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For a Parliament of the Peoples of the World

Gustavo Marín
Future of the Planet Program
Charles Léopold Mayer Foundation, Paris






[Statement to the Parliamentarians and Local Elected Officials round table at the Dialogues for the Earth conference organized by the International Green Cross and the Earth Council in Lyons (France) from February 21 to 23, 2002.]

One of the main proposals resulting form the World Citizens Assembly held in Lille (France) in December 2001 was to launch the idea of preparing a Parliament of the Peoples of the World.

The proposal had already been brewing within the different workshops of the Alliance for a Responsible, Plural and United World for several years. In particular, the Thematic Workshops that had been dealing with issues related to global governance and the renewal of political systems had underscored the need to recast the systems of governance on a world scale.

It is most significant that during the World Citizens Assembly this idea was put forward by the participants of the North America Group. Rob Wheeler, Coordinator of the Millennium Peoples Assembly based in New York, announced this proposal when he presented the results of Group's work. It is also most significant that Siddhartha, who is based in Bangalore (India) and coordinates the Alliance in the Asia Pacific region, took up the idea in his closing speech at the Assembly.

This claim for a new representative body of citizens on a world scale had already emerged at the end of World War II, promoted by the founders of various so-called "world" movements, such as Les Citoyens du Monde. Such groups advocated the establishment of a world government that could prevail over geographic and national borders to lead the fates that had been so deeply injured by the wars. The idea of a world government, however, was not only very controversial, it was also hardly applicable in the political framework of the Cold War, which was being waged by the major powers and basically froze the movement. Now, in the age of globalization, a Parliament of the Peoples of the World has become an obvious necessity. Political leaders and citizens alike are feeling the need to build a new body that will have the authority to regulate the various proposals for living in peace in a world of diversity.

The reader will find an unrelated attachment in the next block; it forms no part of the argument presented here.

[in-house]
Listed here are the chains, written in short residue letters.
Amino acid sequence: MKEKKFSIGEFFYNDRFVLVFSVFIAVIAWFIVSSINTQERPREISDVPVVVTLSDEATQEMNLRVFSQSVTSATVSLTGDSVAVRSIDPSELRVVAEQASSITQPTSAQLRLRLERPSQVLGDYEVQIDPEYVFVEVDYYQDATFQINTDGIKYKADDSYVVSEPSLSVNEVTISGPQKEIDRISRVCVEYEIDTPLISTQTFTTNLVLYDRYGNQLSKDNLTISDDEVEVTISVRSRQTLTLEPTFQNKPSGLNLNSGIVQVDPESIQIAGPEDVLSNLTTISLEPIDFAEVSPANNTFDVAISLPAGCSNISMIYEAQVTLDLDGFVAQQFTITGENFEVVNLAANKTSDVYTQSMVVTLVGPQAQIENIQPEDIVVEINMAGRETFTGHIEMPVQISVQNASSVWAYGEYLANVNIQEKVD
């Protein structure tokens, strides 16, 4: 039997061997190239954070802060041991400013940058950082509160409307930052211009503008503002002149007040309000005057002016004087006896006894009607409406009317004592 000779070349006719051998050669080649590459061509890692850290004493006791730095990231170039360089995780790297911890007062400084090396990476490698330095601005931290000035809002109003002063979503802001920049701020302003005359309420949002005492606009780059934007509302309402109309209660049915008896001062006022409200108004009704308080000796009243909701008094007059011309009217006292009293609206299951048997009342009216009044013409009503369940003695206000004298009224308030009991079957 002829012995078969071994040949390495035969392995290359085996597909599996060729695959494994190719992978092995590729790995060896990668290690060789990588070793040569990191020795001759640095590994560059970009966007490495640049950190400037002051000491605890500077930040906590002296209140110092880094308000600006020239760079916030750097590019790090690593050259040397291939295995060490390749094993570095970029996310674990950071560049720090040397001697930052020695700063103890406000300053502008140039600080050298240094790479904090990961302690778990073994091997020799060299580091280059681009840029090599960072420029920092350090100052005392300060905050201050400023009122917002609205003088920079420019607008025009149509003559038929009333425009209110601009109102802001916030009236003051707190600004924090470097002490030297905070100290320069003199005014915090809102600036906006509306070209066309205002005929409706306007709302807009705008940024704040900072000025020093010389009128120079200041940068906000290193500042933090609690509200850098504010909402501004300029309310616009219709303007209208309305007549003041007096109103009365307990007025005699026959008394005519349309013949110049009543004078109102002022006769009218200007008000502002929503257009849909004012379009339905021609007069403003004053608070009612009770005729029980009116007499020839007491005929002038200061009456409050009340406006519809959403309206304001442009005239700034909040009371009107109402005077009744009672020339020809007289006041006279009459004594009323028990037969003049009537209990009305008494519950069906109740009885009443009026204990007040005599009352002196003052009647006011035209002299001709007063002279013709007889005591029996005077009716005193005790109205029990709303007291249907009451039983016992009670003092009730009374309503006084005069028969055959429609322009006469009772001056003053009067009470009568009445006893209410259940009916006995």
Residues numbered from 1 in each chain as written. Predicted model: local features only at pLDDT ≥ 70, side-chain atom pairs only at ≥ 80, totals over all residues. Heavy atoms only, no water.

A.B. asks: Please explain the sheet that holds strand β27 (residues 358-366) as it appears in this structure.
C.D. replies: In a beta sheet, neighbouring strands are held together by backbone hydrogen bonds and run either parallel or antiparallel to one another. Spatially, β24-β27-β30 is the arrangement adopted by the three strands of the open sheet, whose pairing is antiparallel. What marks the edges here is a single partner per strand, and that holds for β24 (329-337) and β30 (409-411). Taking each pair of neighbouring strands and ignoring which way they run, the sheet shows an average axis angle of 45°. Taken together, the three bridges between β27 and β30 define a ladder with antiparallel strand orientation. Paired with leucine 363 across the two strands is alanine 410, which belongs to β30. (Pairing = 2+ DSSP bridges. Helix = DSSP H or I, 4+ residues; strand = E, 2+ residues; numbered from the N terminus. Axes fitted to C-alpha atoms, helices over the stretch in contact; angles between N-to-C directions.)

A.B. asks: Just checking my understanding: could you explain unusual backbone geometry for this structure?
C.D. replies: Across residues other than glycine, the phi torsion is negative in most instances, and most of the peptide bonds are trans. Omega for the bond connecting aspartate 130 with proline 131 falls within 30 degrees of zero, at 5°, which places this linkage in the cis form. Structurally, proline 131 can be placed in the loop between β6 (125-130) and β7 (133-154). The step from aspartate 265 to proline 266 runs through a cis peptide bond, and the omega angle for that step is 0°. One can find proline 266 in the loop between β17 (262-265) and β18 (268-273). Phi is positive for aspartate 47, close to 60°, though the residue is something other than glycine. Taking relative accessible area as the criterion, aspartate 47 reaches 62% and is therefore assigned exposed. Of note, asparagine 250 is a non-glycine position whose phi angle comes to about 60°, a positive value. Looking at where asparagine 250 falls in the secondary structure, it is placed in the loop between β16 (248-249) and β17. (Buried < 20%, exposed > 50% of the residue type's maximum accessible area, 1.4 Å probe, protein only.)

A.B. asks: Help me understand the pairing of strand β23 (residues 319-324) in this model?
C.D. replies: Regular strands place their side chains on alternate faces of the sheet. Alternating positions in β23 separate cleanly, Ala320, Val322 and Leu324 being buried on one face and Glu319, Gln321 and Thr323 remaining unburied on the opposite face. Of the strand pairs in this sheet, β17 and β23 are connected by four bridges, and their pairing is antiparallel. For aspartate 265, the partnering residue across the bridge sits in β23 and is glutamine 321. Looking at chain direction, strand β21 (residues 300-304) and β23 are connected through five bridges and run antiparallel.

The perspective of preparing a Parliament of the Peoples of the World was sketched out throughout the eighties and in the early nineties. The conferences organized by the United Nations, followed simultaneously by NGO meetings, announced the emergence of a new civil society on a world scale. New, because it was shedding former ideological models and old methods of political and social organization and was beginning to break new ground to face capitalist globalization. Seeking new paradigms, new gender relations, new relationships between generations, an appreciation of cross-culturalism and diversity, claims to new human rights, and a new relationship to the Earth and to the Universe were among the many elements that constituted the fertile land for this new, increasingly pluricultural world civil society.

This emergence happened at a time when we were witnessing major changes: the fall of the Berlin Wall in 1989 marked a historical turning point, with capitalist globalization becoming the dominant, non-contested system ... there were even those who asserted that the "end of history" had come. Citizens were left facing a capitalism that was no longer opposed by any ideological or economic adversary and the ineluctable disintegration of the Soviet society and its satellites. The economy, society, and culture were to be deeply altered by a new globalization of the market—finance and trade—a rampant information society, and an increasingly powerful capitalistic modernization.